Biden has tried to walk a fine line between calling for order and condemning violence on all sides, and a growing movement within his party to radically reform law enforcement practices.
He does not support calls to “defund police” that have picked up since the police killings of George Floyd in Minnesota and Breonna Taylor in Kentucky. He does, however, supports the need for reform by including funding for public schools, summer programmes, and mental health and substance abuse treatment.
He also wants more funding for police reforms such as body cameras and training on community policing approaches. Biden has called for an additional $300 million to allow more officers to be hired and would pay for training on community policing approaches.
During his 2016 campaign, Trump proposed the construction of a wall along the US-Mexico border, and has made it a tenet of his immigration policy as President. After taking office, he issued an executive order suspending the entry of people from a number of Muslim-majority countries for 90 days; the order went through several iterations in court before it was upheld.
The administration’s “zero tolerance” policy in 2018 – criminal prosecutions of adults who illegally crossed the border – resulted in thousands of family separations at the border as parents were detained. Under a court order, the government must identify and reunify certain separated children.
The President has proposed a merit-based immigration system, establishing a points-based system for green card holders and restricting sponsorship to spouses and minor children. Trump also officially ended Obama-era protections for undocumented immigrants – the so-called “Dreamers”
Biden supports a pathway to citizenship for undocumented immigrants. He has also called on Congress to immediately grant citizenship to some undocumented immigrants – “dreamers”– brought to the US as children.
At the first Democratic presidential debate in June, Biden said that undocumented immigrants with no criminal records “should not be the focus of deportation.”
Biden said he opposes decriminalising cross the border without documentation - something other candidates in the field have supported.
In the wake of mass shootings throughout his presidency, Trump has vowed action on gun violence, including expanding background checks. But he has been vague on the details, and has repeatedly pointed to mental health and hate as the underlying issues.
After the 2017 Las Vegas shooting, Trump ordered the Department of Justice to ban bump stocks, attachments that effectively make semi-automatic rifles fire continuously. The ban became effective in March 2019.
The President has backed “red flag” gun laws on the state level, which enable those who have seen warning signs to seek court orders to intervene and prevent someone who is in crisis from temporarily having access to firearms.
Biden has said he will push to ban so-called assault weapons if elected. As a senator Biden helped lead the effort to ban assault weapons in the 1990s and believes the US has a “huge problem with guns” and that assault weapons, which he defined as “military-style firearms designed to fire rapidly,” are a threat to US national security.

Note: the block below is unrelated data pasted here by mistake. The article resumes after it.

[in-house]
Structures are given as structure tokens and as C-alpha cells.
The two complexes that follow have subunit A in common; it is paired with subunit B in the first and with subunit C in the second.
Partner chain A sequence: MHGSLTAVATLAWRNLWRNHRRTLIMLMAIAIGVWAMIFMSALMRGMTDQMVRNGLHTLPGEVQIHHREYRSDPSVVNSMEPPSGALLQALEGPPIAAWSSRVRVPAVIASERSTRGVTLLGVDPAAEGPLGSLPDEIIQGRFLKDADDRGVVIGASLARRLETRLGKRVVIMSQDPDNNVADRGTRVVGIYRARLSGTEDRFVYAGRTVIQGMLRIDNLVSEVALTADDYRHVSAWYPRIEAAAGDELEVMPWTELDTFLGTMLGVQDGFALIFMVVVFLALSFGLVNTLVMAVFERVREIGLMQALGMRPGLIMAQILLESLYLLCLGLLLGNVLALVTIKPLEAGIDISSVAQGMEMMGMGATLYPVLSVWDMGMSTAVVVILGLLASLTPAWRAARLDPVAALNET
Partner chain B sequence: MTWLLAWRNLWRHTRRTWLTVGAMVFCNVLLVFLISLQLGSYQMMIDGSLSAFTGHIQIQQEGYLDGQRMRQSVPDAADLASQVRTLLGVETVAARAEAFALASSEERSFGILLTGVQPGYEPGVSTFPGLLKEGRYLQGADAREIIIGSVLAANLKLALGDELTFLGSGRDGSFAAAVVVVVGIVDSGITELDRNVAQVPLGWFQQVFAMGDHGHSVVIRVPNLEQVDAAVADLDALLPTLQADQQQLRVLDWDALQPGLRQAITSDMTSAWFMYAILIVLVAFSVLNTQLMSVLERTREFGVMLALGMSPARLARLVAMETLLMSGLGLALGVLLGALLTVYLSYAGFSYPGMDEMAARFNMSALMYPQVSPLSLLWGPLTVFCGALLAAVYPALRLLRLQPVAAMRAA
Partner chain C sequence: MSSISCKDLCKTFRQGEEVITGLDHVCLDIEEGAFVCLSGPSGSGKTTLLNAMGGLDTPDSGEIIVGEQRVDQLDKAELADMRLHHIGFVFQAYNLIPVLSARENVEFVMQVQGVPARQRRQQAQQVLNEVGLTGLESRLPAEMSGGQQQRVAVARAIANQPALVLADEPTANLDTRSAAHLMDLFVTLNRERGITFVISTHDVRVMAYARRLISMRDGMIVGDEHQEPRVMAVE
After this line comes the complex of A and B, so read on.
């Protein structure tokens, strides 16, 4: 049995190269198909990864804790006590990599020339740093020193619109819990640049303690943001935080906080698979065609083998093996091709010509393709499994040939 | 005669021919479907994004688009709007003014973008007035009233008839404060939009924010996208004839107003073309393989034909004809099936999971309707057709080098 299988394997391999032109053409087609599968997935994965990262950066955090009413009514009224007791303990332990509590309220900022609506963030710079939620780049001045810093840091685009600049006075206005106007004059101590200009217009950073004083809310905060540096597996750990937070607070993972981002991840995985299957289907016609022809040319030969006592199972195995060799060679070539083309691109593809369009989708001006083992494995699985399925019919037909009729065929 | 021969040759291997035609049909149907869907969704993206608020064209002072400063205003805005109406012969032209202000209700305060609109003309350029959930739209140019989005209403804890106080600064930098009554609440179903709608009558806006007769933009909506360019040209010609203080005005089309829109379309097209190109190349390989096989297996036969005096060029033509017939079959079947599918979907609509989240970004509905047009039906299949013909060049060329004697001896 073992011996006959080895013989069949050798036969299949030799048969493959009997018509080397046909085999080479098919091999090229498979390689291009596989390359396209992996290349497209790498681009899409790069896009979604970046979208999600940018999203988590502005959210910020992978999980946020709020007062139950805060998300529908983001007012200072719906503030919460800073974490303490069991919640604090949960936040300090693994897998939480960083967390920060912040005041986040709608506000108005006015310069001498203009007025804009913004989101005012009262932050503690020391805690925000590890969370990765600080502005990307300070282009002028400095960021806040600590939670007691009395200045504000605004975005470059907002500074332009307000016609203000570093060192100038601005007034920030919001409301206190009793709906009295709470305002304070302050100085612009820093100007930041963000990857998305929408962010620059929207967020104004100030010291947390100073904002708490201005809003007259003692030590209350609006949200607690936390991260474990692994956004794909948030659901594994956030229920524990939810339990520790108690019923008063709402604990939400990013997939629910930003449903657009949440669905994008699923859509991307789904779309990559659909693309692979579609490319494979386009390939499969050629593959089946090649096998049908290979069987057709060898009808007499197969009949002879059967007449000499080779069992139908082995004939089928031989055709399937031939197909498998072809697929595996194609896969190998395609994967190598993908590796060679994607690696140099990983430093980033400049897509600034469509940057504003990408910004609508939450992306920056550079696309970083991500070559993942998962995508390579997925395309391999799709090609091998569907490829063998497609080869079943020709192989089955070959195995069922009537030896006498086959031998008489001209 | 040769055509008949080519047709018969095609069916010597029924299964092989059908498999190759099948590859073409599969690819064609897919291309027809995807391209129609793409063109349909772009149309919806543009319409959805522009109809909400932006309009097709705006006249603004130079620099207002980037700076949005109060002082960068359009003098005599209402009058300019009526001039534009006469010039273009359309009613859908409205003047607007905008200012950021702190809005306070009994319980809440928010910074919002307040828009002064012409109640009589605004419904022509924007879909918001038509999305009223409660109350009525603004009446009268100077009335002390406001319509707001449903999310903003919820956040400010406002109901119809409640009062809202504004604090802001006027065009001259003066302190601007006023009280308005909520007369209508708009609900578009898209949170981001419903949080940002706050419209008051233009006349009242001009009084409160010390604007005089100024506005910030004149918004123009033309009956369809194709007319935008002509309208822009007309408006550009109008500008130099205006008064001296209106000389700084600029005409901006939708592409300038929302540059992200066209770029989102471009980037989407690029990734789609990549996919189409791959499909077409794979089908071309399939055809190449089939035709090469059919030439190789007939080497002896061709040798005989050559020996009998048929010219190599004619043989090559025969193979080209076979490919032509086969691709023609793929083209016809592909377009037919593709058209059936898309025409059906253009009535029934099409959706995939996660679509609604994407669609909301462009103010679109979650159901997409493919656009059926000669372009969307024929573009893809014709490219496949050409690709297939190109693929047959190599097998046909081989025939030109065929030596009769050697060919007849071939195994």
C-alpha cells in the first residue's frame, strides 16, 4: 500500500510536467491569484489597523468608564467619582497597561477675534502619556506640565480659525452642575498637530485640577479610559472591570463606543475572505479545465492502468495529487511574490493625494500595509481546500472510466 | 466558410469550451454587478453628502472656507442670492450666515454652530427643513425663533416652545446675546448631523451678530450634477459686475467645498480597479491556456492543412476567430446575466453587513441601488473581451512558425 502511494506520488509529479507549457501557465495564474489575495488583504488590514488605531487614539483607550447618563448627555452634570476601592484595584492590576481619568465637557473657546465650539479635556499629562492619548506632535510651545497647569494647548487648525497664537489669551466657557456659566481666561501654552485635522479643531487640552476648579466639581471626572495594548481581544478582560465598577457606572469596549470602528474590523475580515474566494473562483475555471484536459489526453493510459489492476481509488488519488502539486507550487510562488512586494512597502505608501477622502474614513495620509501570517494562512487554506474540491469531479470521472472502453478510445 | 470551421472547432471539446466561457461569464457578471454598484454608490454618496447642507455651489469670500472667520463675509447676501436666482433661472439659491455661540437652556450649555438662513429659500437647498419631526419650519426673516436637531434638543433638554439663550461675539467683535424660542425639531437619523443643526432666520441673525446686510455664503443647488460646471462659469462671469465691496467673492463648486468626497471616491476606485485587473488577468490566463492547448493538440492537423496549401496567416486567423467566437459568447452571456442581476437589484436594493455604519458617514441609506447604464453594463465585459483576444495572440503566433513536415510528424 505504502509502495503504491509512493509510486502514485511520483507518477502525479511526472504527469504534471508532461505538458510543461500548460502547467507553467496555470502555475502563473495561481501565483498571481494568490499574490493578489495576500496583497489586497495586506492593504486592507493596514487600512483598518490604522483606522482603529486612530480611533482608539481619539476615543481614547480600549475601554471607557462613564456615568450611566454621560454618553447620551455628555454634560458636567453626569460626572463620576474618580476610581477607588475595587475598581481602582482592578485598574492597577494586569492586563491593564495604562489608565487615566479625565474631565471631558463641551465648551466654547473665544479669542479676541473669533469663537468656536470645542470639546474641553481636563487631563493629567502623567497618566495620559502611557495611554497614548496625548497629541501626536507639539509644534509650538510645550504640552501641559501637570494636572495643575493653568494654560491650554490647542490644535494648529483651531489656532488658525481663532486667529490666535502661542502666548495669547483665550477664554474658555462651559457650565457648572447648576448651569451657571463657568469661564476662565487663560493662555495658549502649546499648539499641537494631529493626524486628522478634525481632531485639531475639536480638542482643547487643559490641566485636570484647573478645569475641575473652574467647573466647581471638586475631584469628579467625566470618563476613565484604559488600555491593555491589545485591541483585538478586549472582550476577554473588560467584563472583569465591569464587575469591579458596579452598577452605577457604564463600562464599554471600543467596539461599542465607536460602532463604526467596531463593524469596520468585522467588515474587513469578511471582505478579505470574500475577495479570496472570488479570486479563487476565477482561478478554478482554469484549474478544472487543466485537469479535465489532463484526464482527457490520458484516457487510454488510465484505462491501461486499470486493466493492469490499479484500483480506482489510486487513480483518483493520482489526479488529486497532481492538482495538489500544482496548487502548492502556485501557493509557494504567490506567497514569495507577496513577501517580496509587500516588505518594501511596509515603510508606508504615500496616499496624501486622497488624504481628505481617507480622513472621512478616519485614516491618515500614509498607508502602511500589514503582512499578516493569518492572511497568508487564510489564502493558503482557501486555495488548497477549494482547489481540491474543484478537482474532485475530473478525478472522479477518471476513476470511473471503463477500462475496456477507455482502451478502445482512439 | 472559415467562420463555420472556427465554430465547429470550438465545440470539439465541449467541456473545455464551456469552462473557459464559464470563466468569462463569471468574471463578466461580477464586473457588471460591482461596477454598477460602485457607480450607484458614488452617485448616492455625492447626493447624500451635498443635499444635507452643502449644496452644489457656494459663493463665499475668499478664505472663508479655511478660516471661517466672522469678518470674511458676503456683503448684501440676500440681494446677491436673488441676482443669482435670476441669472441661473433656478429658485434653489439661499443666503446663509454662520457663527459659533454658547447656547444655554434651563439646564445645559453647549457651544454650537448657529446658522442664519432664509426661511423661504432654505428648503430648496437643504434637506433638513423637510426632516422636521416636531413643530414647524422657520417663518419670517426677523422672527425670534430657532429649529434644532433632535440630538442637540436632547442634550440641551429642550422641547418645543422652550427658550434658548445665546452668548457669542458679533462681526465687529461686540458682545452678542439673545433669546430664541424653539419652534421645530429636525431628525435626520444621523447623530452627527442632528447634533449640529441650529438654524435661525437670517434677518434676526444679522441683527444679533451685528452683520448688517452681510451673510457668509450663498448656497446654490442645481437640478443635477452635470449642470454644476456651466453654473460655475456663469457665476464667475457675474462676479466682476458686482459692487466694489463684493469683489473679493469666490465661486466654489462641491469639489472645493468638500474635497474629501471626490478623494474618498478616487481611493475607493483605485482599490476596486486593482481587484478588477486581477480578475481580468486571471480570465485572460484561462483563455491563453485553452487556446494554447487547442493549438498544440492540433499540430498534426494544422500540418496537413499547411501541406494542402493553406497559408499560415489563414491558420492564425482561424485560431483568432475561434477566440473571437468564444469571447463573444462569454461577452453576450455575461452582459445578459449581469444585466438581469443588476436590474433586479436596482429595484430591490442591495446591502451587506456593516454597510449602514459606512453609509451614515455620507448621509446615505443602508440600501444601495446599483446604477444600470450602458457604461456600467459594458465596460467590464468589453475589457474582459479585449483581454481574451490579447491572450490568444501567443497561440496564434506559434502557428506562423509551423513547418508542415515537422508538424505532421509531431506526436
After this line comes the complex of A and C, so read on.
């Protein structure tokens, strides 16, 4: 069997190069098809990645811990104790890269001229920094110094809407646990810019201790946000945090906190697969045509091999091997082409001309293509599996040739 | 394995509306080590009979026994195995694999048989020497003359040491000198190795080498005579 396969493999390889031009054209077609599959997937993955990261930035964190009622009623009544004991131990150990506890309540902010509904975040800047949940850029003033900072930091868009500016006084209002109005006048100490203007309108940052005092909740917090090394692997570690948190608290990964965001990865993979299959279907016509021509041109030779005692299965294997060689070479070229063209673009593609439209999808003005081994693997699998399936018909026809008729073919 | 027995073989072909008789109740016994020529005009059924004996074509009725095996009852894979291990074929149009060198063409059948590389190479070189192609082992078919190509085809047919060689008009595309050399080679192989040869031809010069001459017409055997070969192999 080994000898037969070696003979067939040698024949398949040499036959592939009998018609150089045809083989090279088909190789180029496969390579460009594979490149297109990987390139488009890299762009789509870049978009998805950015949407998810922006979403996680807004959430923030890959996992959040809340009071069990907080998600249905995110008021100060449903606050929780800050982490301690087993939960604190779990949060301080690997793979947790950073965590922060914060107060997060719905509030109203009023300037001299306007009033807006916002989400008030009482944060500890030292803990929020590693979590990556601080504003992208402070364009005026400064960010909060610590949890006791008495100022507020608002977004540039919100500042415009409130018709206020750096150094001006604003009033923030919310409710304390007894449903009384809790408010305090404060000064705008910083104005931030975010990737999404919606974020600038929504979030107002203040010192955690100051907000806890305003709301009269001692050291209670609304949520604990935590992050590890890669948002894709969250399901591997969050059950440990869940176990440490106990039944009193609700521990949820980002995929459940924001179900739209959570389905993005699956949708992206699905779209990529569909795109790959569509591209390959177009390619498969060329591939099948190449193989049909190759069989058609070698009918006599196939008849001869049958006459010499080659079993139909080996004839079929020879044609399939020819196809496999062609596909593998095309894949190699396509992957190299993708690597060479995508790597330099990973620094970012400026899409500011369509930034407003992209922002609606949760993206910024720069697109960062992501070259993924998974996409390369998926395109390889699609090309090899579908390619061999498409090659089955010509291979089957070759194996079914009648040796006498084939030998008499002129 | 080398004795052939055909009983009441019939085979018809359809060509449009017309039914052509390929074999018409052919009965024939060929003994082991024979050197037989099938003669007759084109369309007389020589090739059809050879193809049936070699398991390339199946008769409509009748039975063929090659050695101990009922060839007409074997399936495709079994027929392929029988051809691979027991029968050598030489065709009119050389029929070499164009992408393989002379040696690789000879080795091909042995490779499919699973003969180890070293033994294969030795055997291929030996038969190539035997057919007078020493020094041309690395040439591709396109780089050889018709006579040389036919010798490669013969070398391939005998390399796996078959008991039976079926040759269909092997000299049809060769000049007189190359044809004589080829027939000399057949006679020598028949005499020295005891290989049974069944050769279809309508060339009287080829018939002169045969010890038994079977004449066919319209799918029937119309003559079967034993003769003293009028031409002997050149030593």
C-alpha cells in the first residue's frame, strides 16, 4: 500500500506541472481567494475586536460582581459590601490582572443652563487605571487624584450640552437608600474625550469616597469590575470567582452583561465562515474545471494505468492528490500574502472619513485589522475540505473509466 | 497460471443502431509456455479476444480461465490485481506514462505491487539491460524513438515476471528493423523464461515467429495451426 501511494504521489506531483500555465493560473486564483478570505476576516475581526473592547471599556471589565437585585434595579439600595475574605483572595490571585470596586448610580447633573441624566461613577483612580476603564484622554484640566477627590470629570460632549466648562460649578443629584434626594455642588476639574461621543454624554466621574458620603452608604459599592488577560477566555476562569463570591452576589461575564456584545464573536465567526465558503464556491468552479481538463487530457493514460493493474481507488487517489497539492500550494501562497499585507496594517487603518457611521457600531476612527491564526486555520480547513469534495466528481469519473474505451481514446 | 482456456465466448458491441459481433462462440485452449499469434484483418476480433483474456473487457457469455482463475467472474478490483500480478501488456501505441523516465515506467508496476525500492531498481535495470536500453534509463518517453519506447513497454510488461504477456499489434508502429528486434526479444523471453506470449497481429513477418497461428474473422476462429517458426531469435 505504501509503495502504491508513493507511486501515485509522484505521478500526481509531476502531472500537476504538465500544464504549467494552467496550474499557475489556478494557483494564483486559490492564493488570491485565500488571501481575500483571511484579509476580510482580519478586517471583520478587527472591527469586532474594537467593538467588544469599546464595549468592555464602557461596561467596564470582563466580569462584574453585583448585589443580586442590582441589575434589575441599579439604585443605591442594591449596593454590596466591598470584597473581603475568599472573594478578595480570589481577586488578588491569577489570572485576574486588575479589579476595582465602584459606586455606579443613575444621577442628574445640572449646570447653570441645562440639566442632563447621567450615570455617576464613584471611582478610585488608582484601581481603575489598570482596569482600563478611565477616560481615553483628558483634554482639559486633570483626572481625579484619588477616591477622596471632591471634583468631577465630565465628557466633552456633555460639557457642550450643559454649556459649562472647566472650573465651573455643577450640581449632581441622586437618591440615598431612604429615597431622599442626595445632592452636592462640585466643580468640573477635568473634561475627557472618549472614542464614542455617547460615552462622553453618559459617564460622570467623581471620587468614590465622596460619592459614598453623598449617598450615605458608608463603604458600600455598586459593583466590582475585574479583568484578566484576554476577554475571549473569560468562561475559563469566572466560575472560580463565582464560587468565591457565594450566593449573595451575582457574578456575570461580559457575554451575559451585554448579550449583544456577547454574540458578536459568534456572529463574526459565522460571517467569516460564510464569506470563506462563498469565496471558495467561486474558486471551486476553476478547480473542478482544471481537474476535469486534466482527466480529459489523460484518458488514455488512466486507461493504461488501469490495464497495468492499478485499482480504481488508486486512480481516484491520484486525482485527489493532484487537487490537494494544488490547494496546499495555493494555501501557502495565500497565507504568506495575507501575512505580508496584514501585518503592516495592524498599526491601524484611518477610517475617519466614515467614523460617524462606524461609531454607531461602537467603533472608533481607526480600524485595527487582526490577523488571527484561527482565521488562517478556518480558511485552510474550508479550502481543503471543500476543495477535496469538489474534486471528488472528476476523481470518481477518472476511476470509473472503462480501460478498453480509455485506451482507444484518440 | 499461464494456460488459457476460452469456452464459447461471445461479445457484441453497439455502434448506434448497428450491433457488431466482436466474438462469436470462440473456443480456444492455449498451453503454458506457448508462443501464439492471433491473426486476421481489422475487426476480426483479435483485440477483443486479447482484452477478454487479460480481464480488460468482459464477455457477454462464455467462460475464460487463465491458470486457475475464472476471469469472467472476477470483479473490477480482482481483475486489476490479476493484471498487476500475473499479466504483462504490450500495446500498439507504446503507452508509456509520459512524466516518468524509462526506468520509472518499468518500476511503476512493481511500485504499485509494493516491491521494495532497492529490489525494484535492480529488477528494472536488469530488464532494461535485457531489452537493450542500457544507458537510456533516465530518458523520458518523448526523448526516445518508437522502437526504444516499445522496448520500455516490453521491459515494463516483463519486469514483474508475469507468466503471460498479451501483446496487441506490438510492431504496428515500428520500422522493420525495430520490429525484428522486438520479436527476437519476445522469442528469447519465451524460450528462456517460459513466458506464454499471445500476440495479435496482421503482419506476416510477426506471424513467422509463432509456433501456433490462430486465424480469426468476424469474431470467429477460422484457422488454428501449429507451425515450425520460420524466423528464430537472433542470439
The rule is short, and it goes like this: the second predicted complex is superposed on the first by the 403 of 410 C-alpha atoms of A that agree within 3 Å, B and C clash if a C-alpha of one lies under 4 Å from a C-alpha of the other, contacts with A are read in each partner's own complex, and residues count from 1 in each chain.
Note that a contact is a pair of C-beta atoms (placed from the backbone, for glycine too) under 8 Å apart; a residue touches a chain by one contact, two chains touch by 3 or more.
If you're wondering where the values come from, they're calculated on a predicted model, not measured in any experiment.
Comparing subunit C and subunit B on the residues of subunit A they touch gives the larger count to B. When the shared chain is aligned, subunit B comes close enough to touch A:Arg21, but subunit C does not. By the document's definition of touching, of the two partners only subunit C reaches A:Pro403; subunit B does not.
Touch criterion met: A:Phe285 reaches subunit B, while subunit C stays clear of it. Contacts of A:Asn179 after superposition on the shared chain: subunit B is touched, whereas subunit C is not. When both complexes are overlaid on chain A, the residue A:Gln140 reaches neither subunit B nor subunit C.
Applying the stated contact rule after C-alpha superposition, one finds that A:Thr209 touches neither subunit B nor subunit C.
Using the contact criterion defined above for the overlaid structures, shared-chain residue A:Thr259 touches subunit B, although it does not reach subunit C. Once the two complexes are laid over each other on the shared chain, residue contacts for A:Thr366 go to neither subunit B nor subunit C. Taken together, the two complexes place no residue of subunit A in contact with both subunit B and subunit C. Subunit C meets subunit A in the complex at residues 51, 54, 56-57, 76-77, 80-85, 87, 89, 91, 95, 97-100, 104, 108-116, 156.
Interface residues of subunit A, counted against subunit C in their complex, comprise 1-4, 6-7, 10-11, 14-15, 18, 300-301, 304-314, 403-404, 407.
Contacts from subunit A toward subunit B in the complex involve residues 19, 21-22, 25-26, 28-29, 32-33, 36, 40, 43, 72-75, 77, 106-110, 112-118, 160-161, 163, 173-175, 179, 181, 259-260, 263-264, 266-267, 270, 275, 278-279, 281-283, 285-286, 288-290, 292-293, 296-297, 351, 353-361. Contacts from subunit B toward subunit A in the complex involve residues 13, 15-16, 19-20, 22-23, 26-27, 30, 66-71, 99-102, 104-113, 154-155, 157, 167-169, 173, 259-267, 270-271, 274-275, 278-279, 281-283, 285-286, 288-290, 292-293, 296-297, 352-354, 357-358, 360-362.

He said he will push for a federal gun buyback programme in an attempt to take more weapons off the streets. He supports universal background checks, and said assault weapons should be illegal.
Biden also wants manufacturers to include biometric measures that would block firearms from being used by those whose fingerprints aren’t registered for that specific gun.
Trump, as President, has vowed to fix student loan debt. As directed by an executive order, the Department of Education published new data in November 2019 about graduates' income and debt levels aimed at helping students make more informed borrowing decisions before choosing colleges. The White House has also made loan forgiveness automatic for veterans with disabilities and urged Congress to include a cap on student loan borrowing.
It has rescinded a number of Obama-era policies, including those that promoted racial diversity in schools and protections for transgender students in public schools that let them use bathrooms and other facilities corresponding to their gender identities.
It has also rolled back two rules that were intended to hold for-profit colleges accountable.
Biden has proposed an education plan that would increase funding for schools in low-income areas, help teachers pay off student loans and double the number of health professionals working in schools.
He would also guarantee that those earning less than $25,000 owe nothing on their undergraduate federal student loans, while everyone else's payments would be capped at 5 per cent of their discretionary income above $25,000 – halving the current 10 per cent cap.
With the help of the Republican-controlled US Senate, President Trump has been able to name hundreds of conservative judges to lifetime appointments on federal courts at all levels. And with the confirmation of Amy Coney Barrett to the Supreme Court last Monday evening, his third appointment to the nine-member panel, Trump appears to have cemented a 6-3 conservative majority on that body for the foreseeable future.
Many Democrats believe that Senate Republicans have unfairly stacked the courts with conservatives, first by blocking lower court nominees made by Trump’s predecessor, Barack Obama, and then refusing to vote on Obama’s appointment to a vacant Supreme Court seat in the 2016 election year.
The determination of Senate Majority Leader Mitch McConnell and Trump to have Barrett confirmed just eight days before the November 3 presidential election has convinced many that a Biden administration ought to “pack” the Supreme Court by adding more justices to the nine currently serving.
Biden has not explicitly supported the expansion of the high court but has said that he would create a commission to study the idea.
- With inputs from agencies